Why this is not a setting in System Preferences I will never understand. But this is how OS X is. In order to set the default mail application you have to use Mail.app. My issue here is that anytime there is a mailto link from any application, clicking on said link opens Mail.app instead of Outlook. I have been looking for a way to alter this behavior this from the command-line and as far as I can tell there is no way to do this with a vanilla OS X install. Not unless you want to manually edit plist files.
I have found a thread on the Jamf support forums that lead me to Duti, a command-line tool for setting default applications on OS X. I was not able to build it on my Mac (OS X 10.10.5 with Xcode 7) but was able to install it via brew.
To set the defaults you need to know what the bundle identifier of the target application is. If you do not know what the bundle identifier is you can find it for your application using the
mdls /Applications/Microsoft\ Outlook.app/ | grep kMDItemCFBundleIdentifier
This will return something like
kMDItemCFBundleIdentifier = "com.microsoft.Outlook"
Now you can run the following to make Outlook the default handler for mailto links:
duti -s com.microsoft.Outlook mailto
I do not know if this is a permanent fix or if this needs to be executed on each login. If it is the later then you could easily add it to your bash_rc.
Anyways, super annoying that this is even a thing. The real solution here is to move the setting out of Mail.app and into System Preferences.
My wife had some irregularities in her blood work so the Dr. had her take a test to see if she has thyroid cancer or not. This Dr. tells my wife that he will get back to her in 2 business days. 4 business days pass so my wife calls and leaves a message. The woman who called her back was rude and impatient. My wife asked, clear as day, if (doctors name) has received her (specific name of the test’s) results and if so, could she talk to (doctors name) to discuss the results. This woman said “so like, I have no idea what you are asking about, I don’t understand the question“. WTF, maybe take a moment and look it up in her file, like, maybe try doing your damn job? Anyways. Finally she gets the assistant on the phone and is like, oh yeah we have the results, starts to read over it the phone, and then says oh never mind we will call you later today to discuss the “interpretation“. That was over 24 hours ago. They have to understand how stressful this is, and I would assume that they would be considerate of emotions here. If you cannot commit to following through with a follow up, at the very least call the person back and explain that it is going to be longer (and provide an accurate follow up time). If you have no intention of following up in 2 days, don’t promise to do so. Be honest and set realistic expectations for your customers.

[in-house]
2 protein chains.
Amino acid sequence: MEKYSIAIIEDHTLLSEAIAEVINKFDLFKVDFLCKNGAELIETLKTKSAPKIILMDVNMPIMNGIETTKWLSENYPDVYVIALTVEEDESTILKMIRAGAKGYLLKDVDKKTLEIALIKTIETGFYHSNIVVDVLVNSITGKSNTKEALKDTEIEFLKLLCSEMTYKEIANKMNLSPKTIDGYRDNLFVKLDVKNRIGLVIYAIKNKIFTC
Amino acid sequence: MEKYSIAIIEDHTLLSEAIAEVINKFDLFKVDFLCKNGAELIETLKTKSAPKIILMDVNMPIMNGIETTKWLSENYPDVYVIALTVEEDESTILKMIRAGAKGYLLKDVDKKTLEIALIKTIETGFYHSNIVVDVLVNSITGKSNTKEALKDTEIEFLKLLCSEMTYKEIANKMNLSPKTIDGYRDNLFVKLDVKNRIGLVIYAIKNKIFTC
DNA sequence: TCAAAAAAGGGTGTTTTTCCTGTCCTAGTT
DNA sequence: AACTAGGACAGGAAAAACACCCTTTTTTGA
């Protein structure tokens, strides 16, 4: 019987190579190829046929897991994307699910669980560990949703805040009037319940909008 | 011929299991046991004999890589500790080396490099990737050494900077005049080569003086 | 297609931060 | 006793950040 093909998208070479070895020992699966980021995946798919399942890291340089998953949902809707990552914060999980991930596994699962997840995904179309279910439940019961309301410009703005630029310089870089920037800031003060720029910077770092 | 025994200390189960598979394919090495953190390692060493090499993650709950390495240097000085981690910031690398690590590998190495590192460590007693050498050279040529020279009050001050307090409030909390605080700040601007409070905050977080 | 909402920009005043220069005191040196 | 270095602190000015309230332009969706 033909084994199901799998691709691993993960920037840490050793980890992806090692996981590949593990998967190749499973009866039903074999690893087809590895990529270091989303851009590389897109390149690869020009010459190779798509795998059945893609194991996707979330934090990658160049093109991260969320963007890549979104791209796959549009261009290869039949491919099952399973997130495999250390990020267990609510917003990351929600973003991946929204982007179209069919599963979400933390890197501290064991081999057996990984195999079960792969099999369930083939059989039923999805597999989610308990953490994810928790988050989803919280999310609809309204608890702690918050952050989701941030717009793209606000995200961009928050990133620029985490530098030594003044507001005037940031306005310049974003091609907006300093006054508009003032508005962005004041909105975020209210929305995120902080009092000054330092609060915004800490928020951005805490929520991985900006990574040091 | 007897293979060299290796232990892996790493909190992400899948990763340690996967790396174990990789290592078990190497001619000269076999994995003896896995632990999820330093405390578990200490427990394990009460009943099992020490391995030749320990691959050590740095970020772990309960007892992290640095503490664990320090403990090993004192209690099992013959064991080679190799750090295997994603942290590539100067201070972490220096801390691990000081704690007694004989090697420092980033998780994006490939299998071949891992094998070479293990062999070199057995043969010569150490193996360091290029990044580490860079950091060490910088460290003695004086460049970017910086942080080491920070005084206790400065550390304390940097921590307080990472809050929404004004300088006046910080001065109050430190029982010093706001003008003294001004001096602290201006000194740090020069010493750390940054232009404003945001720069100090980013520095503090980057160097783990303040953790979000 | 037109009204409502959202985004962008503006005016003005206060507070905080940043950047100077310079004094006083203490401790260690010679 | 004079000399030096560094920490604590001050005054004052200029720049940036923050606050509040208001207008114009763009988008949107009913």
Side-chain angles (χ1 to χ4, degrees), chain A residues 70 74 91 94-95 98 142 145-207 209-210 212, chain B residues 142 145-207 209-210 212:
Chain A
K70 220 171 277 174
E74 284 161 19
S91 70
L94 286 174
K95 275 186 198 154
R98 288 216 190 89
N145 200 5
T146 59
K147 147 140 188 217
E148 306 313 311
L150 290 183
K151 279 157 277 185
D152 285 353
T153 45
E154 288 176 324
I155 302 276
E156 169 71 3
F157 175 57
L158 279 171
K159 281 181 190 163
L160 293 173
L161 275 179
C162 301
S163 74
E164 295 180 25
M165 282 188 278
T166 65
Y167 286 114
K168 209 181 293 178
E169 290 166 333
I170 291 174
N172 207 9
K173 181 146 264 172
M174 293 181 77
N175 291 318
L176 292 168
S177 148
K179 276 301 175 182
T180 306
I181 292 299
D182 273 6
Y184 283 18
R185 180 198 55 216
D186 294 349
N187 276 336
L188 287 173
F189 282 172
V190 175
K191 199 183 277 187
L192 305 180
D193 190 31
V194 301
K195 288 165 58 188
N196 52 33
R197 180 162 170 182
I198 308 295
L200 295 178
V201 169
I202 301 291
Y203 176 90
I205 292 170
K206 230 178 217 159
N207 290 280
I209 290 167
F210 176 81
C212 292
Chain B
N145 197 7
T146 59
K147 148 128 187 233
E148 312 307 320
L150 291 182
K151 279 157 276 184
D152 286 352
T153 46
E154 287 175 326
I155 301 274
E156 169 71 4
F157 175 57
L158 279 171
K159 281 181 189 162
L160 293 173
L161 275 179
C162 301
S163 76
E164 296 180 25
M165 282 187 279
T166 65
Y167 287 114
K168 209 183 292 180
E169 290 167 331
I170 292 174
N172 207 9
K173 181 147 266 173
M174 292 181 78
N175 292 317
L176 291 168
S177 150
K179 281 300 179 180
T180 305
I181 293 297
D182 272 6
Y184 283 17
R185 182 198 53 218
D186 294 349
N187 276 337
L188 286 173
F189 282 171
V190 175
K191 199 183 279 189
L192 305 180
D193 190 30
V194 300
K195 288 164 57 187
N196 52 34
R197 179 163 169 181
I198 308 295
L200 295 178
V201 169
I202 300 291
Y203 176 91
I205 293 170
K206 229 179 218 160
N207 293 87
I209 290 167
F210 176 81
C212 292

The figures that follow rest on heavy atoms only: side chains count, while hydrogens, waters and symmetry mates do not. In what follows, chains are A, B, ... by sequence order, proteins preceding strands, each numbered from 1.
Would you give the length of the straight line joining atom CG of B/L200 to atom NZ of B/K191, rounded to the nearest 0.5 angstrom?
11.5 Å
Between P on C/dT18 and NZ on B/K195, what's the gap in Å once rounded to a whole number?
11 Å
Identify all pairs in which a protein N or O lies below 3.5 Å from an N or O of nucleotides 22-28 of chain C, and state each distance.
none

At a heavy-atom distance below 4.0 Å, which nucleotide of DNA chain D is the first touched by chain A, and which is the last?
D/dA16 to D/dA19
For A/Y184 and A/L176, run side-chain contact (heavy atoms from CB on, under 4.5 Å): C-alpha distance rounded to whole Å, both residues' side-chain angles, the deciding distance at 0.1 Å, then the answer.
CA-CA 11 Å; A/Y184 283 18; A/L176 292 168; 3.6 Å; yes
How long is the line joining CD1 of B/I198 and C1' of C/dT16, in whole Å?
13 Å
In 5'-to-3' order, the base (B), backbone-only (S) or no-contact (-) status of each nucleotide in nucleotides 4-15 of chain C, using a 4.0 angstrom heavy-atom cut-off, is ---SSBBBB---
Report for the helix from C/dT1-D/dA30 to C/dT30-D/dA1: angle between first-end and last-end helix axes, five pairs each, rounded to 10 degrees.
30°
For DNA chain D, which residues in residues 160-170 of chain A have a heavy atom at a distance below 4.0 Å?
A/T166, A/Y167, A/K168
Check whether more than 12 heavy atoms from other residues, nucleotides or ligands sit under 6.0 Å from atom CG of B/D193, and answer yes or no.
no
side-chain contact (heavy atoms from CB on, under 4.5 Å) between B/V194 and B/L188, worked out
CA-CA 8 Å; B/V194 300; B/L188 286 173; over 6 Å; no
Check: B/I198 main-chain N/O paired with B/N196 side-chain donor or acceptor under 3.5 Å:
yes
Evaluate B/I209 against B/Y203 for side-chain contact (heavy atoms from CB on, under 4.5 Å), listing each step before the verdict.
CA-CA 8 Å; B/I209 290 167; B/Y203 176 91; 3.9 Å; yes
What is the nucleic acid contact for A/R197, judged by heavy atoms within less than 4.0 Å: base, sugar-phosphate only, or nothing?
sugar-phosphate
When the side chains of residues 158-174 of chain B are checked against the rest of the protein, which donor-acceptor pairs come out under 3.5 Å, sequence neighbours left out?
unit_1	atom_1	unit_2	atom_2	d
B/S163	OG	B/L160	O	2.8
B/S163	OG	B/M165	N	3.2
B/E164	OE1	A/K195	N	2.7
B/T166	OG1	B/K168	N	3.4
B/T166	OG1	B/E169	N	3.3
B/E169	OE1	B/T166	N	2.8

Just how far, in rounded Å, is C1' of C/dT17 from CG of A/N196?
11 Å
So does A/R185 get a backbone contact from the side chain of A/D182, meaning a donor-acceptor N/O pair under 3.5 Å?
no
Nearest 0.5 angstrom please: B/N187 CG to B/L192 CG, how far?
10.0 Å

I am extremely upset with this MD. I can understand that they are busy, but I do not sympathize. You are in the business of customer service, and especially in a medical field you should have some empathy and compassion for your customers. These are real people with real emotions who are probably feeling vulnerable and scared. To treat them like this, especially when dealing with the big bad “c” word, is unacceptable.
Turns out there is no time for compassion because they don’t get paid enough. Wife finally saw the dr today and well, wow. His words: “We are not paid enough from the insurance companies to provide customer service”.
Read more here: https://www.facebook.com/nicole.martinelli2/posts/10154255615248546
Match generic US phone numbers. Ignore 1-9 repeating (ie: 4444444444, 1111111111, (except 7, we want 7777777777 for testing)). Allow for spaces, no spaces, dashes, or period delimiters.
Of course we _should_ use a standard phone number regex, but this project calls for something unique.
RegEx is weird, but fun.
Give a man a fish, blah blah blah. But teach a man to phish?! Well, now he is you and can buy all the fish he needs with the credit cards he opened in your name…
I have never been so happy to see a Nagios alert. “DNS CRITICAL”. That was some fast DNS propagation!